Wednesday, December 31, 2008

Day 3: Lunes – Salkantay Trek

Monday we were up at 5:00 am for the start of our hike. We did the Salkantay Trek with Apus Peru. We piled into a van and met up with the other people in our group, Paul and Corah, a couple from Ireland. We drove for more than an hour or two to the tiny town Mollepata to eat. We ate breakfast in a little area that had guinea pigs, cats, chickens and dogs walking around. They gave us some tea from coco leaves that the natives use. I tried it but didn’t like the taste.

We then got back in the van and drove to the beginning of the trail at a place called Soray Pampa. The road we took was a dirt/gravel switchback. On the one side of the road was the mountain, and on the other side a drop that was upwards of hundreds of feet down at times. We listened to Quechua music along the way. Part way up we were crossing a creek and bottomed out, so some of us hopped out and I took these pictures:

This was a long drive, hours long. When the Quechua tapes were over the driver put on – what else – Bob Marley, thus getting reggae songs stuck in our heads for the next few days. We finally reached the end of the road and we piled out to begin the hike. Before we began I moved to the front seat to put in my contact lenses. The driver was fascinated and asked questions about them, I don’t think he had ever seen contacts before.

Our group consisted of our guide Willy, our cook Victoriano, two horsemen Jesus and Alejandro and the six of us.

The hike began at 3,900 meters.

It was straight up hill to the Salkantay pass. Salkantay is a mountain over 20,500 feet (higher than Mt. McKinley, but only the 12th highest peak in Peru) that can be seen in the background of the above pictures. It means Savage Mountain and completely dominates the surrounding area despite everything else. The hike up was slow going with many switchbacks.

After a while of going up it started to rain a little and got colder. We made it to a tent that the horsemen and cook had pitched for lunch. They started the hike a bit after us and blew by us like they were strolling through the park. Here’s the view from the lunch tent.

We gathered in as it rained harder and began to hail. I was expecting something small for lunch, but they went all out. We had some soup to start off, then rice, French fries, grilled chicken and vegetables. The potato originated in Peru, and they know how to cook with it. The food was amazing.

We hiked up to 4,600 meters (15,200+) feet to pass Salkantay. The view was spectacular.

At the high point there is a sign giving the altitude 4600 meters or 15,253 feet. There are only 18 mountains with a higher altitude in North America, and we were higher than Mt. Whitney (the tallest point in the continental 48 states). And this was the pass to get around the mountains on either side of us.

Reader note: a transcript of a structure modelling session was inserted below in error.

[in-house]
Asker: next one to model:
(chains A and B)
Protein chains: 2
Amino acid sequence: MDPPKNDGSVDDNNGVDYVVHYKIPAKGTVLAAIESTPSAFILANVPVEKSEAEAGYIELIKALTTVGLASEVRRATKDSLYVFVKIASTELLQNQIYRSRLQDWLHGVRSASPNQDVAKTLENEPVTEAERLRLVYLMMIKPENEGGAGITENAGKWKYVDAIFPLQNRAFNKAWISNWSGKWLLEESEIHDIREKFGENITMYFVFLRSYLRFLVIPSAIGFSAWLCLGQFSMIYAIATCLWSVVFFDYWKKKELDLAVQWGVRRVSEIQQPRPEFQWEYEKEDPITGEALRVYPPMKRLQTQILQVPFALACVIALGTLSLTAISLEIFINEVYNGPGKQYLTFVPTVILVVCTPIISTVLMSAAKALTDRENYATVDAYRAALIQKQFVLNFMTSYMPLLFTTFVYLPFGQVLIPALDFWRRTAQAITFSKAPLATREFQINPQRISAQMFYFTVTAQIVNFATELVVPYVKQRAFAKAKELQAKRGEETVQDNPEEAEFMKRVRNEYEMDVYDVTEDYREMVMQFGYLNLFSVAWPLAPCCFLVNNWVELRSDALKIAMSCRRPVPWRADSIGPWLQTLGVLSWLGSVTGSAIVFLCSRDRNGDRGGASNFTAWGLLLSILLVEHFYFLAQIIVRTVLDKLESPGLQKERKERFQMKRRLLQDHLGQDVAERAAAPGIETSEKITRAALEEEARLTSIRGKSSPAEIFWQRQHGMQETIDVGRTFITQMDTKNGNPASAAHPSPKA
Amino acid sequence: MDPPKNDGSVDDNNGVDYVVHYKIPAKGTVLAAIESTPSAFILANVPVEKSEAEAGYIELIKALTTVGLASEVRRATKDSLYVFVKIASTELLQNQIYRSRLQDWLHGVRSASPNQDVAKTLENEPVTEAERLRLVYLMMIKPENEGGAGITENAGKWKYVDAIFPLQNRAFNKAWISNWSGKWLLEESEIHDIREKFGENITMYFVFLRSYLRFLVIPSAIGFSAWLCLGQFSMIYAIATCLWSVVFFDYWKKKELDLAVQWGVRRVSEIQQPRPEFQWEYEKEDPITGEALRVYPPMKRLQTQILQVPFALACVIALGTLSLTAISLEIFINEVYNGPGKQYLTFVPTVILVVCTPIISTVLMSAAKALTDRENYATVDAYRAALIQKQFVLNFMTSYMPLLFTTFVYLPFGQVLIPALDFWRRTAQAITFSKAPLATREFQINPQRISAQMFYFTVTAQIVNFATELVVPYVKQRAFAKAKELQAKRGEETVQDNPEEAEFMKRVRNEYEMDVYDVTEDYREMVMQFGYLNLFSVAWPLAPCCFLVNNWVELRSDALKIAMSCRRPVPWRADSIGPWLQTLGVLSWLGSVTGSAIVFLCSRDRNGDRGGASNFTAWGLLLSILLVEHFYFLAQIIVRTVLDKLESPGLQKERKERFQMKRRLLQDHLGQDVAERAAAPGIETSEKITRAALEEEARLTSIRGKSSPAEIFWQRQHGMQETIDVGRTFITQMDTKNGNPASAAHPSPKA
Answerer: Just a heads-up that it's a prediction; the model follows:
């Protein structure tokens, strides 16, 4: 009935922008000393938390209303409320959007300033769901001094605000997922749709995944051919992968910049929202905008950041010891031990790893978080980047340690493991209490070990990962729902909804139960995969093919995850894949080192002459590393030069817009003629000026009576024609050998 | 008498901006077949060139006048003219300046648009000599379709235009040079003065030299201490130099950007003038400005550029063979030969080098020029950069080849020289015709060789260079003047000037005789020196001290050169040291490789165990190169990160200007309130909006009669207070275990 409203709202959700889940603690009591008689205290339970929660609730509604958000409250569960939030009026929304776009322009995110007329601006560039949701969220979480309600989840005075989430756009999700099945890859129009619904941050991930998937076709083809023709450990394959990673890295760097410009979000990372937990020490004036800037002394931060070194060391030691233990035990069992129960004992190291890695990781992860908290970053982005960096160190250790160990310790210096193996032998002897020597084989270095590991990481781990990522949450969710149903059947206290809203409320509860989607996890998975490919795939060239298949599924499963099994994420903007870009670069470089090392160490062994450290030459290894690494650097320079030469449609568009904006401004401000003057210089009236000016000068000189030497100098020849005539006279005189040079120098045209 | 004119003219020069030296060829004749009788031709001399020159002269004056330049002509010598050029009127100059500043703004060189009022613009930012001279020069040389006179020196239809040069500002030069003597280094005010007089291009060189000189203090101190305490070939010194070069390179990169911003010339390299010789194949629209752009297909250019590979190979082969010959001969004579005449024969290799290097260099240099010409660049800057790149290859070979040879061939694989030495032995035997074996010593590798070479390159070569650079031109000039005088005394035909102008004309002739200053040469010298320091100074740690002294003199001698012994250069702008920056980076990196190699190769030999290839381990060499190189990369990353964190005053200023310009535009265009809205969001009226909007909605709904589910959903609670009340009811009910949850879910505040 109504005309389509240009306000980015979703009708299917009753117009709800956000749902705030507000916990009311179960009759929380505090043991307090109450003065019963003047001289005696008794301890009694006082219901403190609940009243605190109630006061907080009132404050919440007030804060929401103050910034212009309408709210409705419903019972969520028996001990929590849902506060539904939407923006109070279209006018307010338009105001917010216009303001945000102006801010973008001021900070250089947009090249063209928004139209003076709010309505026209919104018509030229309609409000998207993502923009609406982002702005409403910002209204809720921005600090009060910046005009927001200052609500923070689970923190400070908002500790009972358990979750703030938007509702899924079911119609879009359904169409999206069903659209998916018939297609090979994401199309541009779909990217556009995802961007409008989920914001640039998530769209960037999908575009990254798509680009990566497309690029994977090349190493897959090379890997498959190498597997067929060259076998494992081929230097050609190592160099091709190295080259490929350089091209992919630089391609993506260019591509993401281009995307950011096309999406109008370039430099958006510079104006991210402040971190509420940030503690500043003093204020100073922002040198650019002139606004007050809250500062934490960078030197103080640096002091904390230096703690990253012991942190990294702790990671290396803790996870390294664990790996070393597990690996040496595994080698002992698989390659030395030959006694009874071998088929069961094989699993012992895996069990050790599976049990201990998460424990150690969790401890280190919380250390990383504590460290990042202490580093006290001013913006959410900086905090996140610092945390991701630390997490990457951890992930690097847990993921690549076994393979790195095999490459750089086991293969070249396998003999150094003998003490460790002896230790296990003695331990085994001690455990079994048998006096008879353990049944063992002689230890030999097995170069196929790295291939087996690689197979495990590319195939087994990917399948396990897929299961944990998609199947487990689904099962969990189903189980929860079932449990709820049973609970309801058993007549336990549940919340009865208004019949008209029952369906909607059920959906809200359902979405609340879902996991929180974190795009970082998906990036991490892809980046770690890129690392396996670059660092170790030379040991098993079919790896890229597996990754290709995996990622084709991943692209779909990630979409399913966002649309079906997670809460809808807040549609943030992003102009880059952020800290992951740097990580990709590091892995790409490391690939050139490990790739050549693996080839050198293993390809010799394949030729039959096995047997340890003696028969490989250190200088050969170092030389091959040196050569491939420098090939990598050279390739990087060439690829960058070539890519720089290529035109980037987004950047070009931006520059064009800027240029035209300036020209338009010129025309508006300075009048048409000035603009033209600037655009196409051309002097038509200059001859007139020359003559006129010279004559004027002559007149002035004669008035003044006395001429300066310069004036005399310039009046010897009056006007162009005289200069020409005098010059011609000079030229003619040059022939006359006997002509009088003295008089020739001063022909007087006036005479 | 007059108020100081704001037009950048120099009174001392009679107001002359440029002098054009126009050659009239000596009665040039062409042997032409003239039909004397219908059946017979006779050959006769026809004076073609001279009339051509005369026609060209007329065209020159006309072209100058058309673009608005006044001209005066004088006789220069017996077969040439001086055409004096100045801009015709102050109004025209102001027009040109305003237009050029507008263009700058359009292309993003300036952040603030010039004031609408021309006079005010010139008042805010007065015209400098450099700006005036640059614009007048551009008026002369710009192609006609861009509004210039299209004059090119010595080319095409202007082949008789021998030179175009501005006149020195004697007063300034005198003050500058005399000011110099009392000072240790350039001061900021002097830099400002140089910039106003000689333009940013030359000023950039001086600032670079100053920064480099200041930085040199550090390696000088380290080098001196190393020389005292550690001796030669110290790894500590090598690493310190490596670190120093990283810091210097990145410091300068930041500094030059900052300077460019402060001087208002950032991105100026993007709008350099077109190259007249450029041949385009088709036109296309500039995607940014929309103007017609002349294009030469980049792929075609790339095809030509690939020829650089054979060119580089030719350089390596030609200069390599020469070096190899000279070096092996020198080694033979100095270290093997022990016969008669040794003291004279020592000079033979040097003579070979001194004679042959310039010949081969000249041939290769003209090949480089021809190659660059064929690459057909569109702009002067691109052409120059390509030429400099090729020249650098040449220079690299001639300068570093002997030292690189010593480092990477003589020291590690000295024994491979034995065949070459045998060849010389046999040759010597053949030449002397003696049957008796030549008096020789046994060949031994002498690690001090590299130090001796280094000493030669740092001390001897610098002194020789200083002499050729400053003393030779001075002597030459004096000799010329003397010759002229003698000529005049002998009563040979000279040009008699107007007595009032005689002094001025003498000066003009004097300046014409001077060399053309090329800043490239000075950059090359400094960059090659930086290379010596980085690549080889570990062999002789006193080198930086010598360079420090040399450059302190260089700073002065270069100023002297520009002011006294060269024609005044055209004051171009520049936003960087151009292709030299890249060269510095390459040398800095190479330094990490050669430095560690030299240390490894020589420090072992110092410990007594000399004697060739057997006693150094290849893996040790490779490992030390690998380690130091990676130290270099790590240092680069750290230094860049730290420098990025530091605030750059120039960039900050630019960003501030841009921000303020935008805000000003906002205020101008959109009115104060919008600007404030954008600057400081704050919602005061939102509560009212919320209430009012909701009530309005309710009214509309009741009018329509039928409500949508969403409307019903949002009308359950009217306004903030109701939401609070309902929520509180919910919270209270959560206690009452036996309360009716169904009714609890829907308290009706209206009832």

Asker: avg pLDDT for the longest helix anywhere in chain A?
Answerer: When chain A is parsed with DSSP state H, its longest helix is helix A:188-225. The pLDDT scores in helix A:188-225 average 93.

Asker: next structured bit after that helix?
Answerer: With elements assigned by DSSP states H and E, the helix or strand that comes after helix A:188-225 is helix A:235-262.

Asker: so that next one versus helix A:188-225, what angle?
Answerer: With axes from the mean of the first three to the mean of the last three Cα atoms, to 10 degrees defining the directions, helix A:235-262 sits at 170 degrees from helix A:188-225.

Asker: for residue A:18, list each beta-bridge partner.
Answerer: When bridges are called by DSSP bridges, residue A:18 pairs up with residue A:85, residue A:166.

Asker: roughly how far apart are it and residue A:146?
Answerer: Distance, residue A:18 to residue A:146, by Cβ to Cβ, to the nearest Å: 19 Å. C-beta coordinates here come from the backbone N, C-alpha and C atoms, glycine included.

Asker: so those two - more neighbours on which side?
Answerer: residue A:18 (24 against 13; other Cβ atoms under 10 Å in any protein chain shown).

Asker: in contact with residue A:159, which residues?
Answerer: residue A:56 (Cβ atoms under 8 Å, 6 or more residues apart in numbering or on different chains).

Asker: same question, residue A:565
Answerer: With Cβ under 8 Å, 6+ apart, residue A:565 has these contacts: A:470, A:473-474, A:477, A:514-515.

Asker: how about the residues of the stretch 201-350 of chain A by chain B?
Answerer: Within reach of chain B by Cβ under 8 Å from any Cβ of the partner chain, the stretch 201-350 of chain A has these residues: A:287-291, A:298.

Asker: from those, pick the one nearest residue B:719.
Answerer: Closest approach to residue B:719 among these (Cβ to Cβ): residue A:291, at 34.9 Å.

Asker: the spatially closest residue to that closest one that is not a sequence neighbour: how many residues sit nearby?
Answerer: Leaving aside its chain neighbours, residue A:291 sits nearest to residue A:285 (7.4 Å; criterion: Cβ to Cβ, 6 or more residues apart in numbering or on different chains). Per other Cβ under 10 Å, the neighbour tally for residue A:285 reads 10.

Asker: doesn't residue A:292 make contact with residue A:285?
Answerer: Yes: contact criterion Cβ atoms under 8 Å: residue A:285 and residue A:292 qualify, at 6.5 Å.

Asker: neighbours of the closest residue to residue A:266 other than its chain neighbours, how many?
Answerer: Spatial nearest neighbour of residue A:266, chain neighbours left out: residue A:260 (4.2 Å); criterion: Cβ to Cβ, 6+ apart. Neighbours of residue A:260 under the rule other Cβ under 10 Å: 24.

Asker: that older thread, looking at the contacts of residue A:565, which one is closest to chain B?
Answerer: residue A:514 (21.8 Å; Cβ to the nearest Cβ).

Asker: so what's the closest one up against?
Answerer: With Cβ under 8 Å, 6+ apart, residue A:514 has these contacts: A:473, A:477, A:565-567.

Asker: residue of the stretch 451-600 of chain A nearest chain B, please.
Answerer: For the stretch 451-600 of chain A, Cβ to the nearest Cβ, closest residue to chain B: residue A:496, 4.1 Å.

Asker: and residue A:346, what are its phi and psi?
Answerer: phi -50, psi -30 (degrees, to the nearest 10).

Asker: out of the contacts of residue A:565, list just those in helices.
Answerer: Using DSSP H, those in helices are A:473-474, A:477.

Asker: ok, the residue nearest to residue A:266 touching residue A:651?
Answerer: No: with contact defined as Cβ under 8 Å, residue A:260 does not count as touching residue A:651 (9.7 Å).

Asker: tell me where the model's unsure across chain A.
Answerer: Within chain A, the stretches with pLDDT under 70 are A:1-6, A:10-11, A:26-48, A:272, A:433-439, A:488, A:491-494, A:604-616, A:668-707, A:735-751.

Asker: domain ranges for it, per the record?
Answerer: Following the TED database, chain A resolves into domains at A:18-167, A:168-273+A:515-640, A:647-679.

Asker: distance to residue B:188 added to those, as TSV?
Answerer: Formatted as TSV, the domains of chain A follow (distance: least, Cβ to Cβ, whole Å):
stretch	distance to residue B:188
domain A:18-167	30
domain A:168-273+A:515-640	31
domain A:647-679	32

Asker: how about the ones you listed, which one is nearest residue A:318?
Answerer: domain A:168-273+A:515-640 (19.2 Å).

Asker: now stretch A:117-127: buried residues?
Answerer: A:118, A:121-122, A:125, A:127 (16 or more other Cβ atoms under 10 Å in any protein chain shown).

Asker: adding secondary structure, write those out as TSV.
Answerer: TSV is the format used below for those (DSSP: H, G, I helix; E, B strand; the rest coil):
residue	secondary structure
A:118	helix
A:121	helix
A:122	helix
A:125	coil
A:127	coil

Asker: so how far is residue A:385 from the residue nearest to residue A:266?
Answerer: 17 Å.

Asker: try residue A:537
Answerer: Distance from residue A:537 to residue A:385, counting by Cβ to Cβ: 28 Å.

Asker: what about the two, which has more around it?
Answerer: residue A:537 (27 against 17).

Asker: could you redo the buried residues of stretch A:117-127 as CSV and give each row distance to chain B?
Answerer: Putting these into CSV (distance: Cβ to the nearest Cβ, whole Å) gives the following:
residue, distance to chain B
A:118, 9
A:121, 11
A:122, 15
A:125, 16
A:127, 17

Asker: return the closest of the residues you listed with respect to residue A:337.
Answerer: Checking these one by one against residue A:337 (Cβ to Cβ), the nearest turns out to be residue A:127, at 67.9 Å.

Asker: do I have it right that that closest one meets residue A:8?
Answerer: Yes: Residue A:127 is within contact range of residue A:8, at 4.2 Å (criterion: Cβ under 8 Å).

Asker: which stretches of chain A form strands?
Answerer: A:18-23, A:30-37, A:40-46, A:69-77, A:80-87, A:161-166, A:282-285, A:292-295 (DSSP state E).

This was the highest I have ever successfully used a pointer, and I was left to wonder if anyone had ever used a pointer at a higher elevation.

When we were further down Willy told us to pick up some rocks and carry up the mountain, so we all had some small stones. At the top it is tradition to stack the stones up to resemble a mountain as a sort of offering to the mountain gods.

Willy did a more formal offering where he scattered coco leaves on a pillar of rocks. He did it on three levels, representing different gods in the Incan deity. The first represented the snake or god of what’s below the ground, the second represented the puma or god of what’s on the ground, and the third the condor or god of what’s above the ground. Willy also briefly explained Pachamama, who’s roughly Mother Earth. Before eating or drinking those who follow the tradition pour some of the liquid or take some of the food and put it on the ground as an offering to Pachamama, since everything comes from the earth you give some back.

It was cold at the top of the pass, but going up and back down it was warm enough to wear just a short sleeved shirt and be fine. As we were getting towards the summit my fingers got a little tingly and it was harder to breath, but other than that the altitude didn’t bother me. My fingers felt fine after a few minutes. We then hiked downhill to our campsite for the night.

Towards the end we were in a green valley with a creek running through it covered in mist. Except for the mountains, this part of the hike reminded Paul and Corah of Ireland.

After 12 kilometers of hiking up and down we arrived at the campsite. It was 4,000 meters above sea level and located by some dwellings where some people live.

I can’t imagine living so far out. To get anywhere these people have to trek I don’t know how many miles by horse/foot. And yet they had bottles of water and other things ready for sale for us hikers. We had trout for dinner with rice and potatoes. Dessert was purple corn pudding, which tasted like a purple Jolly Rancher. We went to bed early as there really wasn’t anything to do, we were all beat and we had 16 kilometers of hiking to look forward to the next day.

Here is Day 1, Day 2, Day 3, Day 4, Day 5, Day 6 Part 1, Part 2, Day 7, Day 8


JennyW said...

That pointer picture is particularly impressive :)

Warren said...

That is one of my favorite pictures from the trip.